Lu Over the Wall

 

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A film that introduces us to another Japanese animator with an individual approach.

 
Lu Over the Wall
   

For many years now Japan has been a leader in the production of animated films and not only because of the brilliant work emanating from Studio Ghibli. Over the last few months, we have seen a number of such pieces by filmmakers less established here. If Your Name by Makoto Shinkai was the outstanding example, it should nevertheless be acknowledged that Masaaki Yuasa's Lu Over the Wall has won sufficient acclaim to earn the top prize this year at Annecy, that most notable of festivals dealing in animated work. If my own response is decidedly more muted, it is not only because Lu Over the Wall being set in a Japanese coastal tone and telling of sea creatures encountering humans puts one in mind of one of the great classics of Japanese animation and is duly overshadowed by it.

 

Studio Ghibli's Ponyo (2008) was a far more sophisticated work with strong appeal for all ages. At the outset, despite its comparable setting, Lu Over the Wall sets out quite agreeably as something very different. It introduces us to Kai and his two closest friends, Yuho, who would also like to be his girl, and Kumio. The three of them are youngsters who form a band and dream of escaping from the limited world of Hinachi Town. This is presented with liveliness and good humour and music plays a strong role. Indeed, I was reminded of a very appealing non-animated movie, John Carney's engaging Sing Street of 2016.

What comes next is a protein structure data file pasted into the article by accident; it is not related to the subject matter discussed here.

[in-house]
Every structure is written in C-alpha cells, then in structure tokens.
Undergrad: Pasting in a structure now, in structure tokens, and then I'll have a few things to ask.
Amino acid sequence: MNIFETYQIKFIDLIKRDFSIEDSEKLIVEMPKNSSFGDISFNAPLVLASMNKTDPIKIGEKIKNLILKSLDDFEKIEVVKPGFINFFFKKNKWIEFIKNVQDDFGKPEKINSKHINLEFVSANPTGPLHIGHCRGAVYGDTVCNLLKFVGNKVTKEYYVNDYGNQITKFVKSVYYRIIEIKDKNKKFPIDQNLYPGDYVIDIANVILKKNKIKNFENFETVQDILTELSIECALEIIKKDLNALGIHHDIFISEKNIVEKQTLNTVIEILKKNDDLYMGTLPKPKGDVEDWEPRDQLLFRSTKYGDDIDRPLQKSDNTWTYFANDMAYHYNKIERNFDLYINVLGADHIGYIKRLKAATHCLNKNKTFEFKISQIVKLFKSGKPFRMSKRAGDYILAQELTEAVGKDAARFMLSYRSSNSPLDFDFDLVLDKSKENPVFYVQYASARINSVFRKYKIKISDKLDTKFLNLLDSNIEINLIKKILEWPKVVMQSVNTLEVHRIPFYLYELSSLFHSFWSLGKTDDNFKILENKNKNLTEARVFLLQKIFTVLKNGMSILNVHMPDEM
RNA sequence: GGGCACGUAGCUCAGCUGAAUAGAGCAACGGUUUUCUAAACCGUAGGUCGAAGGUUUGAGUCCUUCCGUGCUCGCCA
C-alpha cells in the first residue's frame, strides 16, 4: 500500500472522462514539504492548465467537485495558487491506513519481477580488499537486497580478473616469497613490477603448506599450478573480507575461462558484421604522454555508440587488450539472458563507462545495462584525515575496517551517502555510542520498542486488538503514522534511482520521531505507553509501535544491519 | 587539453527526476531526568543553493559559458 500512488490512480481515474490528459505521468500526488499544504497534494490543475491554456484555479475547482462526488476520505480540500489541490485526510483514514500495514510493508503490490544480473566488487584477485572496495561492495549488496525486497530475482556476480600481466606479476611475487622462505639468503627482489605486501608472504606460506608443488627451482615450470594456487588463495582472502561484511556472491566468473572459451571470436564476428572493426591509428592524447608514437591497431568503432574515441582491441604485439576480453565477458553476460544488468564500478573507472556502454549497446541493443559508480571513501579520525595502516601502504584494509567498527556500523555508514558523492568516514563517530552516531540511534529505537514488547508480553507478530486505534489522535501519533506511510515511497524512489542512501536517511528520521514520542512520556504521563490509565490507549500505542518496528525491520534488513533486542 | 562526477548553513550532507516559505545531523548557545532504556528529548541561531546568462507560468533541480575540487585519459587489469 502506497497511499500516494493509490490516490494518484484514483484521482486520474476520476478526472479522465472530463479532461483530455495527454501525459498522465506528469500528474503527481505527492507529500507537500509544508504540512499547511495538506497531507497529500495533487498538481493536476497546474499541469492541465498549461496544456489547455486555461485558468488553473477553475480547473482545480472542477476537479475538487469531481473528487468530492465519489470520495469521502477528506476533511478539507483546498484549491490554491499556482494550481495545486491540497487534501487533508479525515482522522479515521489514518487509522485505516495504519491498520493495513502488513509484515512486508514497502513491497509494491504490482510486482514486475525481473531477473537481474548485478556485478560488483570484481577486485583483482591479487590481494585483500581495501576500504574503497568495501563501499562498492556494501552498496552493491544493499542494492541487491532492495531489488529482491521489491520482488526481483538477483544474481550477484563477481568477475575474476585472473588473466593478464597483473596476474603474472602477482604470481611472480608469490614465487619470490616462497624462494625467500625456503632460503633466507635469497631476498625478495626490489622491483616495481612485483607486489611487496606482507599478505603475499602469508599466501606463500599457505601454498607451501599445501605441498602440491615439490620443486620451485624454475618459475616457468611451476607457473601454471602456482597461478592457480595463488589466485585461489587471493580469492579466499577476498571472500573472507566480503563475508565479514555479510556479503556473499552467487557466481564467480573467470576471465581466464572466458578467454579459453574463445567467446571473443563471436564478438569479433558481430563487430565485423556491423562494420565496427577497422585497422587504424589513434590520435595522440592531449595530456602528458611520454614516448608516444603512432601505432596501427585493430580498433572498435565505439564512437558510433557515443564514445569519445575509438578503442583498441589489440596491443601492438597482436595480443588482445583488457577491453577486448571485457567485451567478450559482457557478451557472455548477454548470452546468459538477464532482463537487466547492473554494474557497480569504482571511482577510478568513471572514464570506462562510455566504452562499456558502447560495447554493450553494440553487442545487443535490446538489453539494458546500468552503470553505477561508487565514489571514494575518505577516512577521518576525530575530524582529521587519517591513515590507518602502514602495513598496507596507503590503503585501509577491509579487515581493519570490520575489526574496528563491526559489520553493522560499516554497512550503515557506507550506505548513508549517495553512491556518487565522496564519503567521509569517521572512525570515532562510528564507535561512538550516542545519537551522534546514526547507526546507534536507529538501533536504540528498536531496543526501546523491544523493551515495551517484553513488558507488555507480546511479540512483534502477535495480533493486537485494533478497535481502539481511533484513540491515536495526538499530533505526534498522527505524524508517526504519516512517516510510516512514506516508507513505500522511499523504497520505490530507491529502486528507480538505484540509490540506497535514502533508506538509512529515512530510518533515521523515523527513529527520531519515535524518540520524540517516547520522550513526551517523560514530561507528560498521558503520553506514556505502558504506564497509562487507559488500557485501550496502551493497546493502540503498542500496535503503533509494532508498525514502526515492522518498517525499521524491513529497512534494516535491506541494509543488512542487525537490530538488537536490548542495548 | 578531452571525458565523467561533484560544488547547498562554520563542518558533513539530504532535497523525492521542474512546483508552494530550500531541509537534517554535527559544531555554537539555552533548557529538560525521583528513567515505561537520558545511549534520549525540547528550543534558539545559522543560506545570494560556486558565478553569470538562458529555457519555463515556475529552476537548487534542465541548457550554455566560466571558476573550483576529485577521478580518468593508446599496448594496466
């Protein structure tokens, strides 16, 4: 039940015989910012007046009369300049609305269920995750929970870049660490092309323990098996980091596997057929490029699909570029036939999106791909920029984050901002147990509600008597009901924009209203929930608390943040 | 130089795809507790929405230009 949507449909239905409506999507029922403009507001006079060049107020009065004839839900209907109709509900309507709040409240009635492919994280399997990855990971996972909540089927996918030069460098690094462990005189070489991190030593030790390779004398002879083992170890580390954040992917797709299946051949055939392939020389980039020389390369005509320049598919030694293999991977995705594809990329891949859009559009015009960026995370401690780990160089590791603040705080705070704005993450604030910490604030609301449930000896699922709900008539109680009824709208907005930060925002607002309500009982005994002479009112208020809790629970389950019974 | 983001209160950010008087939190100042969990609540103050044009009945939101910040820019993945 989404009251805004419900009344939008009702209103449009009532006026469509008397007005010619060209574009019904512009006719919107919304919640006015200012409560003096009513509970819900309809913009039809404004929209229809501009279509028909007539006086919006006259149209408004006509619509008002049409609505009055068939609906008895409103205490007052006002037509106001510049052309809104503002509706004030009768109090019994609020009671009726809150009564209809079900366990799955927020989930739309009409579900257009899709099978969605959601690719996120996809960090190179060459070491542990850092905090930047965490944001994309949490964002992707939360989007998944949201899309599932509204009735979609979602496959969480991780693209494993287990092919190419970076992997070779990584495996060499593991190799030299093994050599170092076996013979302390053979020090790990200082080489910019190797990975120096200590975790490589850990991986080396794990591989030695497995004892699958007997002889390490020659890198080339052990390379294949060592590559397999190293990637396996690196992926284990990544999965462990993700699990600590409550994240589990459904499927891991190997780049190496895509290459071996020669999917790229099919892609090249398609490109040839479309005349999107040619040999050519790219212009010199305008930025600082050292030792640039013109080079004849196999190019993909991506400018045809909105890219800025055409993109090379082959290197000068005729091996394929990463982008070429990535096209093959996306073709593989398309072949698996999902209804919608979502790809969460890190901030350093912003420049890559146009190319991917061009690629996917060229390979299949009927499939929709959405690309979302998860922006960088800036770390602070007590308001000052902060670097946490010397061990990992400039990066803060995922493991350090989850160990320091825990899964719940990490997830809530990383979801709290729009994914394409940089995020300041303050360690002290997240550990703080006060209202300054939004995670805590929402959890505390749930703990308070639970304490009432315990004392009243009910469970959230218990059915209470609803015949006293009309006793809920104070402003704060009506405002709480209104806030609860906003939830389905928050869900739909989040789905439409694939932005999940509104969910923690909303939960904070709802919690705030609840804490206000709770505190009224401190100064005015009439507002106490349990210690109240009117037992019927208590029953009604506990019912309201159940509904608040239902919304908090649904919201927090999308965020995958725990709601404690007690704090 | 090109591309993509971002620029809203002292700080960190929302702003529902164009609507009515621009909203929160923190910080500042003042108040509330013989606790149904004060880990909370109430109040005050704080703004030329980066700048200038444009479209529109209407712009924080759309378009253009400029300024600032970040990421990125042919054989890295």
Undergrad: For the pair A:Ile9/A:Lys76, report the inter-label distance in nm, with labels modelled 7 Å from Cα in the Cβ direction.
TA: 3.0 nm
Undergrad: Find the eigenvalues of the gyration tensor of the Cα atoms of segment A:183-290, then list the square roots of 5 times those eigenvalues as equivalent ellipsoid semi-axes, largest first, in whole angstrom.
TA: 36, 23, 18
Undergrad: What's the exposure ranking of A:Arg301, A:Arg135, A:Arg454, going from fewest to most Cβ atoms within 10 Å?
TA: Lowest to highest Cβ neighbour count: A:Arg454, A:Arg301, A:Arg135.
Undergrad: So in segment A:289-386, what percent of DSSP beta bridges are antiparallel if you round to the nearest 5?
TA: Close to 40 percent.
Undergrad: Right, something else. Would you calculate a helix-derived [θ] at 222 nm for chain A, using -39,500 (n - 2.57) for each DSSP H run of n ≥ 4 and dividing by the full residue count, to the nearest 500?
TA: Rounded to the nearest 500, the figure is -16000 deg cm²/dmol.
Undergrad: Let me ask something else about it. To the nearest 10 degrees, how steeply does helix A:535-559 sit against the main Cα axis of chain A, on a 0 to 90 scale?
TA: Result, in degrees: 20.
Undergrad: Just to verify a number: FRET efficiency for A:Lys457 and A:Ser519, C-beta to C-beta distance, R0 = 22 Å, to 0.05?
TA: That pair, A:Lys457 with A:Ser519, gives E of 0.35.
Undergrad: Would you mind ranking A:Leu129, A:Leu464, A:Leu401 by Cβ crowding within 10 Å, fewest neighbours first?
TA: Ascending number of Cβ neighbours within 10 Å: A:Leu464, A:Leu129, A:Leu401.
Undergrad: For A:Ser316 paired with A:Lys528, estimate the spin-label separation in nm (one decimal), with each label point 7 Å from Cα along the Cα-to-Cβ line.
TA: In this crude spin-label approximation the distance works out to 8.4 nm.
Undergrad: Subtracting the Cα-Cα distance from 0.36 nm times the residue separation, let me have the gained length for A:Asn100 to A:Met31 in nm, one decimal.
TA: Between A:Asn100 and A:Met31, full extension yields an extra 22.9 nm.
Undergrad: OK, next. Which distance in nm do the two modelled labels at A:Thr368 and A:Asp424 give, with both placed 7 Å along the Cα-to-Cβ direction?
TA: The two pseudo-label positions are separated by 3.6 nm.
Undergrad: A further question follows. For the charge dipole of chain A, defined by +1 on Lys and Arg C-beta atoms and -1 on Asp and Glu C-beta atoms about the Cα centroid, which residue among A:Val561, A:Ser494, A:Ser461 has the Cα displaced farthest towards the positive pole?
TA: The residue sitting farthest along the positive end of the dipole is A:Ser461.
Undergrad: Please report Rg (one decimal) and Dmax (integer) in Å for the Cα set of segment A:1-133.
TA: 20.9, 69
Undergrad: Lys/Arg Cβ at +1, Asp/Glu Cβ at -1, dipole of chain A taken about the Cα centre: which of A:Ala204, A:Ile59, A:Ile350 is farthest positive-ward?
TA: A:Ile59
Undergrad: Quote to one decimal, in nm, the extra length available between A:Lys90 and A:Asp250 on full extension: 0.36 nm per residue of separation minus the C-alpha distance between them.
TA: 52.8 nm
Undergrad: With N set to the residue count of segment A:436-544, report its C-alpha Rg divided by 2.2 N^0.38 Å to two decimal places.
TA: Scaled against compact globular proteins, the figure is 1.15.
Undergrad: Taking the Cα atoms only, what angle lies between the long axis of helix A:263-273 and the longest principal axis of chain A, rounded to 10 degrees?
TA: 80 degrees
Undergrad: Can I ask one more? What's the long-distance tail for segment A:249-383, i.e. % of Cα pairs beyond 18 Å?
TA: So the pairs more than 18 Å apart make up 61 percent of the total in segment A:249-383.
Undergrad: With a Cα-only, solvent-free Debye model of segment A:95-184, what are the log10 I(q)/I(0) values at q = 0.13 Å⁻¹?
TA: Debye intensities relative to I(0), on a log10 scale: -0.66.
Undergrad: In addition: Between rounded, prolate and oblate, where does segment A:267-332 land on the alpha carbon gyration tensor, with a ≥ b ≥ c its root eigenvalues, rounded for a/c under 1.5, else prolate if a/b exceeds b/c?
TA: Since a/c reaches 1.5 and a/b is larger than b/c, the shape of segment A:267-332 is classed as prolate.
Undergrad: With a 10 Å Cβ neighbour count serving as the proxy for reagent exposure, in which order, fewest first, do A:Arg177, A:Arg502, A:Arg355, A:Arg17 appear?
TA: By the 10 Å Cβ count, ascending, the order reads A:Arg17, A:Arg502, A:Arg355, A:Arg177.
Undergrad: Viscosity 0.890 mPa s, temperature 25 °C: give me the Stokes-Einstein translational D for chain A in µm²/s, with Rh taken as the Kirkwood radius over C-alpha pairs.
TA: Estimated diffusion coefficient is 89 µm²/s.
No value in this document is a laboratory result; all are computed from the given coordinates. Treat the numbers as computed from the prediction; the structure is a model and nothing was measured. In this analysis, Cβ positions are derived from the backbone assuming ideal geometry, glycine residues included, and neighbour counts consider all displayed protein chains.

However, the film soon moves forward. First, it brings in Lu, a mermaid who feels the need for a friend and becomes attached to Kai who is entranced by her ability to sing. But this is a community in which many of those who do believe in the presence of merfolk regard then as a hostile force capable of eating humans. Before long the initially simple tale is cramming in all manner of extra elements including a seafood company with evil intentions, the exploitation of Lu by those locals who see her as a potential tourist attraction, a flood that threatens the town and mob action against the merfolk when Yuho goes missing and is thought to have become their victim.

 

Add also a subplot about a grandmother who years earlier lost her child to the sea and it all comes to seem overcrowded and, at 112 minutes, rather too long. Its drawn-out climax feels overblown. However, the animation is fine and there is plenty to engage us here including a merdog. Even so, the elaborations increasingly present in the second half only serve to underline the greater assurance and depth of Ponyo. Nevertheless, when content to stick to its own niche as a tale of youngsters caught up in music, Lu Over the Wall does make its mark and its theme of the desirability of communal harmony emerges loud and clear.

 

MANSEL STIMPSON

 

Voices of  Kanon Tani, Shôta Shimoda, Shin'ichi Shinohara, Minako Kotoburi, Soma Saito, Akira Emoto.

 

Dir Masaaki Yuasa, Pro Eunyoung Choi, Screenplay Reiko Yoshida and Masaaki Yuasa, Ph Batisto Perón, Art Dir Hiroshi Ohno, Ed Ayako Tan, Music Takatsugu Muramatsu.

 

Science Saru/TOHO Animation-Anime Limited.
112 mins. Japan. 2017. Rel: 6 December 2017. Cert. PG.